That’s the piece of the puzzle I think that no one has really mastered because you have in-person learning where people are shy, and you have even Skype English which is still video. So it is still awkward. And you have phone English, which lacks the context.
Context is the piece of the puzzle we have. When you’re in the game, you are anonymous but you also have something to talk about. And that makes it a lot less awkward. I’m your waiter, and I’m going to serve you food. When you walk into a McDonald’s in America, it is not an awkward exchange because you have assumed roles and you both have a job. So that’s the last piece of the puzzle: that roleplaying element. Without the scene and the context, good luck! It is really hard.
Q: How is Lingoland using real-time communications, and what does that bring to your project?
We quickly realized, especially in Asia, that it is hard to make money off of content.
Also, most students in Asia already have a pretty good foundational understanding of English. They’re not starting from square zero, they’re going 15 miles per hour and they want to go 30. So live is what people wanted, so that’s when we started hiring tutors. And when we have tutors, it means real-time. We looked at speech recognition and all these other things, but it boiled down to the fact that people really just want to talk with other real people.
So we looked at various VoIP technologies, and we liked that Agora.io has strong Chinese footprint. That’s super important for us because obviously, looking forward, China is the biggest market. We needed a product that works well in China and in Korea and Taiwan, and Agora.io’s done a great job and they have great support. And with Agora, the latency is minimal. So you can log in and talk to the tutors in the game live.
Q: How important was Agora.io’s global network in your decision?
A: I think as a U.S.-based company looking to China for users, the country presents a lot of firewall challenges. Today it might work and tomorrow it might not. It might work in the Northern part of China but not the south. As a U.S. company, we’re at a huge disadvantage because the providers here know nothing about anything going on there. Agora offers a great product at a much lower price than their competitors. And we feel comfortable when they say it works in China, because they have a lot of experience in China and they’ve done a lot of work with servers there.
We get users in Turkey, we have paying users in Dubai. We get people from everywhere despite only marketing in Asia. So the fact that Agora is global is important. Because Agora works everywhere in the world, we can grow where we need.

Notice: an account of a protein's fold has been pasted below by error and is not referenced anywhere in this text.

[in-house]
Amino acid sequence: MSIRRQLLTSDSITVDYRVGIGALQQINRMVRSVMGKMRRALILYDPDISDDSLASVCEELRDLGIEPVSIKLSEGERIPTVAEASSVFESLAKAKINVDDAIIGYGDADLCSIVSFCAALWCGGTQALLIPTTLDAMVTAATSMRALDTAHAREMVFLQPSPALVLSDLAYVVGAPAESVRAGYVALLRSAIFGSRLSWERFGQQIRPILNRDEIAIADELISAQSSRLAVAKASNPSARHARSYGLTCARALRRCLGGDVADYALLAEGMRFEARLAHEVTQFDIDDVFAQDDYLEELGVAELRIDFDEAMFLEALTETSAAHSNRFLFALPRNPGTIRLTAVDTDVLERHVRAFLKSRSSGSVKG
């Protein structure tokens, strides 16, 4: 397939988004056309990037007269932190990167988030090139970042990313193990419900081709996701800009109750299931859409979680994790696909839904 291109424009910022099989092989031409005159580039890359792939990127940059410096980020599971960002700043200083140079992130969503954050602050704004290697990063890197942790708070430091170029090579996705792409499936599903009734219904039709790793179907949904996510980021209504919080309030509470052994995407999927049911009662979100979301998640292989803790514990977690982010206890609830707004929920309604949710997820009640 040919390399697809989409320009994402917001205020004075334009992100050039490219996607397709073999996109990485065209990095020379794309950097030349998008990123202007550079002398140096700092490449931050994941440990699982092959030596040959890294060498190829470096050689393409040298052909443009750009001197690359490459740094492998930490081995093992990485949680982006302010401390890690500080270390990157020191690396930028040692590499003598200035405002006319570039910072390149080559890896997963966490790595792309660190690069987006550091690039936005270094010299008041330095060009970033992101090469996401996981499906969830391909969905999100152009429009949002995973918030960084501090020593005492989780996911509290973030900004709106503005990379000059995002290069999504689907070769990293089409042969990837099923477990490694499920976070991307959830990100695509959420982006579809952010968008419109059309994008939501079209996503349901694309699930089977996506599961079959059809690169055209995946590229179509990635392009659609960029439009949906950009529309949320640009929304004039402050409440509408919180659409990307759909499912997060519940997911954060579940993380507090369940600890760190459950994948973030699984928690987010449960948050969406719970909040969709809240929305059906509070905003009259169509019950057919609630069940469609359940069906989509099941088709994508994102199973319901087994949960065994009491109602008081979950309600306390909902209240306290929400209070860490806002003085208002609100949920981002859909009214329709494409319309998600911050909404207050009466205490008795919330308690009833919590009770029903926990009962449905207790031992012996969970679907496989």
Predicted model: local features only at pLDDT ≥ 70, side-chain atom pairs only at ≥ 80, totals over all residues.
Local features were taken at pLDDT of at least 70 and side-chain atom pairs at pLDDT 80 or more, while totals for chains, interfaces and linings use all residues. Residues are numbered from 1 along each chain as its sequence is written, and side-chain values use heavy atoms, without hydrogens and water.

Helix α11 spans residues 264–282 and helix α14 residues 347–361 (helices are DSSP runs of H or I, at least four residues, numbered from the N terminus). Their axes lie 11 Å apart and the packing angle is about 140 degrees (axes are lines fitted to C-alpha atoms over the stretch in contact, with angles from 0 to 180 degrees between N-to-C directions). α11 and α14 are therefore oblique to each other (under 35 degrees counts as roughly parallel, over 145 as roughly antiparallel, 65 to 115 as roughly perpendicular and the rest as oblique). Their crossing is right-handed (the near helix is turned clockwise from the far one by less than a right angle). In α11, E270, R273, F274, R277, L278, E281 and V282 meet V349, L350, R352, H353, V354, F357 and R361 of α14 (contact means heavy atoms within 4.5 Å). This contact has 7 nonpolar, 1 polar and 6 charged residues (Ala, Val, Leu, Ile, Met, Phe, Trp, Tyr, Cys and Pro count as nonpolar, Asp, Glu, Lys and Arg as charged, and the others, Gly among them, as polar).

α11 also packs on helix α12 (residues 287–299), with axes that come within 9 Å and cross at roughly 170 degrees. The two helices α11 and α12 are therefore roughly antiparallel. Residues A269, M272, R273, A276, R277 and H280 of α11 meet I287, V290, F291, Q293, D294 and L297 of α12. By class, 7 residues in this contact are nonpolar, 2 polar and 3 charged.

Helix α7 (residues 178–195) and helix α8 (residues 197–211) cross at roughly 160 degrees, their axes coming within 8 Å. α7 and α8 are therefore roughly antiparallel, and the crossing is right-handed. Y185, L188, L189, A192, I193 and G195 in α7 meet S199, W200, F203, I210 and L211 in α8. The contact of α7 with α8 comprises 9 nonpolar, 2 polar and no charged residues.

Q: You also said that quality of experience and low latency is important for your service.
The lower the latency, the more back and forth there is in conversation. When you’re talking with someone and there is delay, it sucks.
But Agora.io does a great job. We immediately knew from day one that clear VoIP with low latency across international borders was important. We knew there was no way we would ever succeed without it, so Agora.io was a natural choice.
Q: How is service adoption coming along, where will the service be in the next few months?
A: Last week we did 400+ sessions that were full-tutoring sessions, so that’s great. We’re getting a lot of action and a lot of interest from users.
We charge anywhere from $5-$8 per hour for tutoring, but we also just launched an unlimited plan for $70/month. That’s probably the best price you’ll ever find in the industry, and the goal is to really bring as much access to as many people as possible.
This month we also launched multiplayer, because if there are two students and one tutor, your cost just decreased by half. The goal is to bring that down as much as possible.
Every month we launch a new city. Last month was San Francisco, this month is New York. Next month is London. So, we’re trying to pick all the popular English-speaking countries. We simplify the city into a few destinations—Times Square in New York, Fisherman’s Warf in San Francisco—and ensure that we’re covering cultural elements like how much to tip, how to order a taxi, understand tax when you’re buying something in a store. Simple, cultural things.